The term "aluminum based ceramics" as used in the specification and claims means monolithic aluminum oxide based ceramics, aluminum oxide based ceramic composites, and non-oxide aluminum-bearing ceramics.

To achieve the foregoing and other objects, the process of this invention comprises exposing an aluminum based ceramic article to an atmosphere consisting essentially of silicon monoxide gas for a period of time and at a temperature sufficient to produce a silicon containing film on the surface of the ceramic article that greatly increases the strength of the ceramic. In the preferred process, the gaseous silicon monoxide atmosphere is formed by exposing a source of silicon such as silicon carbide platelets or coarse silicon carbide power to an atmosphere consisting essentially of hydrogen and a sufficient amount of water vapor. At sufficiently high temperatures and partial pressures of water in the hydrogen, the silicon carbide is oxidized by the water in the gas mixture dioxide to form gaseous silicon monoxide (SiO) which in turn reacts with the ceramic to form a surface layer of aluminum silicate (e.g., mullite, 3Al2 O3 --2SiO2) or other silicon containing compound that blunts, heals or otherwise diminishes the effect of surface flaws that limit the strength of the ceramic. The preferred process uses a hydrogen atmosphere having a partial pressure of water vapor (PH2O) of about 10-3 atmospheres, a temperature of about 1300 to 1500 C., and times ranging from 0.5 to 10 hours. One suitable source of silicon, which is converted to gaseous silicon monoxide in the process, is silicon carbide platelets. The silicon carbide platelets are oxidized by the water in the hydrogen atmosphere to form the silicon monoxide gas. Silicon carbide powder can also be used, but silicon carbide platelets are preferred because they have a lower specific surface area, and provide a slower, more controllable release of SiO gas. However, the desired SiO generation rate is also specific to the process equipment being used, such as furnace volume, number of articles being treated, etc, so that in some cases, other materials, such as coarse silicon carbide powder may be suitable.

EXAMPLES

The following examples are given to illustrate the process of the present invention and are not to be taken as limiting the scope of the invention which is defined in the appended claims. In addition, the time, temperature, and other parameters required in the process will be expected to vary according to the size, shape, specific composition, and other properties of the article or other components such as fixturing involved in the process. Parameters may also be affected by variations in equipment used or in other conditions present in the process environment. Specifically, although a pure hydrogen gas is used in the following examples, it has been shown that mixed gases containing the proper proportions of hydrogen and water vapor are equally effective.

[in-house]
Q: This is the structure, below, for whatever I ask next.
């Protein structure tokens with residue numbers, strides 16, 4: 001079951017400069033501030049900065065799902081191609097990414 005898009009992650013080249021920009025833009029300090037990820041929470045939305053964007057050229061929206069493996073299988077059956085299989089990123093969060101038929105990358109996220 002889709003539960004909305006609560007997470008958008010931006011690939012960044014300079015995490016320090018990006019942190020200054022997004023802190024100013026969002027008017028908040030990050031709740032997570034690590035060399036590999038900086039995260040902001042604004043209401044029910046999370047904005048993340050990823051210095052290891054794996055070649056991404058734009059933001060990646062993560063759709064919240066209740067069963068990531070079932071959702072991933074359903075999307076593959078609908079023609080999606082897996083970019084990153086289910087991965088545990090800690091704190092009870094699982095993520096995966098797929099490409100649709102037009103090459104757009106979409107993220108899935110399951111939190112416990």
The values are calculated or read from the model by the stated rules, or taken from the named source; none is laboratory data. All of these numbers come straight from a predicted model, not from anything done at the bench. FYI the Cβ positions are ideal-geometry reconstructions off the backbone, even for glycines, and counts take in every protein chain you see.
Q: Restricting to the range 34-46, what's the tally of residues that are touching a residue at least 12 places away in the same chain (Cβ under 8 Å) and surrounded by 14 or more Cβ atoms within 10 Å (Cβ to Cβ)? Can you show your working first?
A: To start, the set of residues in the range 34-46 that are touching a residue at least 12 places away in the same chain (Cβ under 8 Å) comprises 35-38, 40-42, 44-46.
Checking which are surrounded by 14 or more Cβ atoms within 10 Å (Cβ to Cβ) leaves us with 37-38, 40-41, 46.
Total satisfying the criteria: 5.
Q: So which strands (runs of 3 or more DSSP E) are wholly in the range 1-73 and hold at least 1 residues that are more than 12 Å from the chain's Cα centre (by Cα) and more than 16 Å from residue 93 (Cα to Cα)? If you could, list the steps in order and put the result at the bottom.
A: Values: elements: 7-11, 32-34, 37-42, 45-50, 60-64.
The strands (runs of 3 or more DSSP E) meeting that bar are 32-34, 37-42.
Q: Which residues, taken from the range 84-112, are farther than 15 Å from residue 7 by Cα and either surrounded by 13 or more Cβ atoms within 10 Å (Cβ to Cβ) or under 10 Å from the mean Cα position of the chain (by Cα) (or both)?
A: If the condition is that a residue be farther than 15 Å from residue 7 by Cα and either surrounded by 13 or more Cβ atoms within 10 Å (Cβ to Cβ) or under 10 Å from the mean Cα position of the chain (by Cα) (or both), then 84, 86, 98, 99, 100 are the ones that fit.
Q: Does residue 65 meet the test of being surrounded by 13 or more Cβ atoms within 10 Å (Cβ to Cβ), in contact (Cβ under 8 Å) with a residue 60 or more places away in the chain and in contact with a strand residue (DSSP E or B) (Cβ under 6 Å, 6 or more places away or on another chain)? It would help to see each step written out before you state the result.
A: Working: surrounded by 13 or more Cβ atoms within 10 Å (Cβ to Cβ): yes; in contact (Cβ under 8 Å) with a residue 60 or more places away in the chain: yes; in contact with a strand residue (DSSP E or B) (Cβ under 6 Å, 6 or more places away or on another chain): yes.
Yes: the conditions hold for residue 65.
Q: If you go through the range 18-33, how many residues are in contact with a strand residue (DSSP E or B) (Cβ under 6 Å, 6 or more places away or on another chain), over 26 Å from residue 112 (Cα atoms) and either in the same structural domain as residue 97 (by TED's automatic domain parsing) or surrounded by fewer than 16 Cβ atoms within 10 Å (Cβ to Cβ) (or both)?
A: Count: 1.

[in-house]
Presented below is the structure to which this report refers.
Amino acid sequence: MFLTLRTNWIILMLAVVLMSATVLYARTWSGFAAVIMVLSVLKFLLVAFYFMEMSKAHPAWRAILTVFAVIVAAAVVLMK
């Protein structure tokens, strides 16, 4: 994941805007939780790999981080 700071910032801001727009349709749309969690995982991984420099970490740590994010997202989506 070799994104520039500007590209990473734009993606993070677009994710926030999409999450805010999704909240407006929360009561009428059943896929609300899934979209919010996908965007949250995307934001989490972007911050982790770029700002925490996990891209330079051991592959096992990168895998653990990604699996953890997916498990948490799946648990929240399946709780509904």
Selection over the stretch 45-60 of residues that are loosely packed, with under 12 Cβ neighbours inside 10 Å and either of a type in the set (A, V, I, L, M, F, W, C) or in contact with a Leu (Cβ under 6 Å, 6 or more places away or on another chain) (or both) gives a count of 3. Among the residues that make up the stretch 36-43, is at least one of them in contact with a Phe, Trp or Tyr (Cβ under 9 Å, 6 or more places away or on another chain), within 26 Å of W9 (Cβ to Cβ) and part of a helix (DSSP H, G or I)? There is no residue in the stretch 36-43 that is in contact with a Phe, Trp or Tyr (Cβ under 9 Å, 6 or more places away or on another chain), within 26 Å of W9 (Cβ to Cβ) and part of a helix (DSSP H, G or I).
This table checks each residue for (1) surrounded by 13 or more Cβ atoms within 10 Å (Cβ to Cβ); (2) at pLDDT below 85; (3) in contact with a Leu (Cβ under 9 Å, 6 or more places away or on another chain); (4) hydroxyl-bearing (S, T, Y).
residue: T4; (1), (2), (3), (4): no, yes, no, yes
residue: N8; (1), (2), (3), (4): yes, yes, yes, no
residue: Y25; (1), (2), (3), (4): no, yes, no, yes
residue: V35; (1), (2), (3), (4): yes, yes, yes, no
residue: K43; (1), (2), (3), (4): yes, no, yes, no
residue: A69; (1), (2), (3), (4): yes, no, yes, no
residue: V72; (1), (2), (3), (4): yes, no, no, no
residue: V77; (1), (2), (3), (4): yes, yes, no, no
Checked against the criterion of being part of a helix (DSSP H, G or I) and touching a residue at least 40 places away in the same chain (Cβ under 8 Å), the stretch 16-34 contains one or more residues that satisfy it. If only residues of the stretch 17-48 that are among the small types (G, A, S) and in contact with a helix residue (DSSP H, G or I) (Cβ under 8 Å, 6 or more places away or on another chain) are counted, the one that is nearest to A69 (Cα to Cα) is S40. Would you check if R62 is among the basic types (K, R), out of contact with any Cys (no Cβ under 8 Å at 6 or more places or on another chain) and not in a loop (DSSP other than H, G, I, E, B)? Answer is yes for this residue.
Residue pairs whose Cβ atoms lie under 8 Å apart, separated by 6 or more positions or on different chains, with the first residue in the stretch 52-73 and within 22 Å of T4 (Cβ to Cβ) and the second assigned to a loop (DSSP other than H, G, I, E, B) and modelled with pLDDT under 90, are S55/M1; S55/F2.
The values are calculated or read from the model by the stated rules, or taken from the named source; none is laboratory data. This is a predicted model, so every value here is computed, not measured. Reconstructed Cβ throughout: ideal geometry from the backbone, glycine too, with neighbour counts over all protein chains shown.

EXAMPLE 1

A single batch of monolithic aluminum oxide ceramic comprised of 99.5% Al2 O3, trade name COORS AD-995, was used in this study. The original material, in the form of coupons with dimensions of 5.120.350.8 mm (0.20.82.0 inches) was ground equally on either face with a 220-grit diamond abrasive wheel to reduce the section thickness to approximately 2.6 mm. One face of each coupon was polished on a vibratory polisher used for preparing samples for microscopic examination. Polishing was accomplished through a series of steps using diamond abrasive slurries ranging from 30 micrometer grit size to 1 micrometer grit size. The polished coupons were cut into 2.53.424.5 mm bars for flexural testing. The long edges of the tensile face of each bar were lightly beveled on a 6 micrometer grit diamond lap. Groups of flexure bars were exposed for various times and temperatures in a resistance heated alumina-tube furnace. The bars were supported on two 3 mm diameter alumina rods resting on a bed of silicon carbide platelets (C-Axis Technology, Grade M). The tensile surface of the bars faced the surface of the platelet bed. The atmosphere was flowing hydrogen gas having a PH2O of about 10-3 atmospheres. The hydrogen gas was purified by passing it through columns of CaSO4 and activated alumina. Exposure temperatures ranged from 1250 to 1500 C. and exposure times ranged from about 0.5 hour to about 10 hours. The PH2O was controlled by bubbling a portion of the purified hydrogen through a column of distilled water. The PH2O was measured with a hygrometer. The gas flowed parallel to the tensile surface of the samples with a constant speed of 0.9 cm/sec. After the exposures, four-point bend flexural tests were conducted at room temperature with a cross head speed of 0.008 cm/sec, and inner and outer spans of 6.35 mm and 19.05 mm, respectively.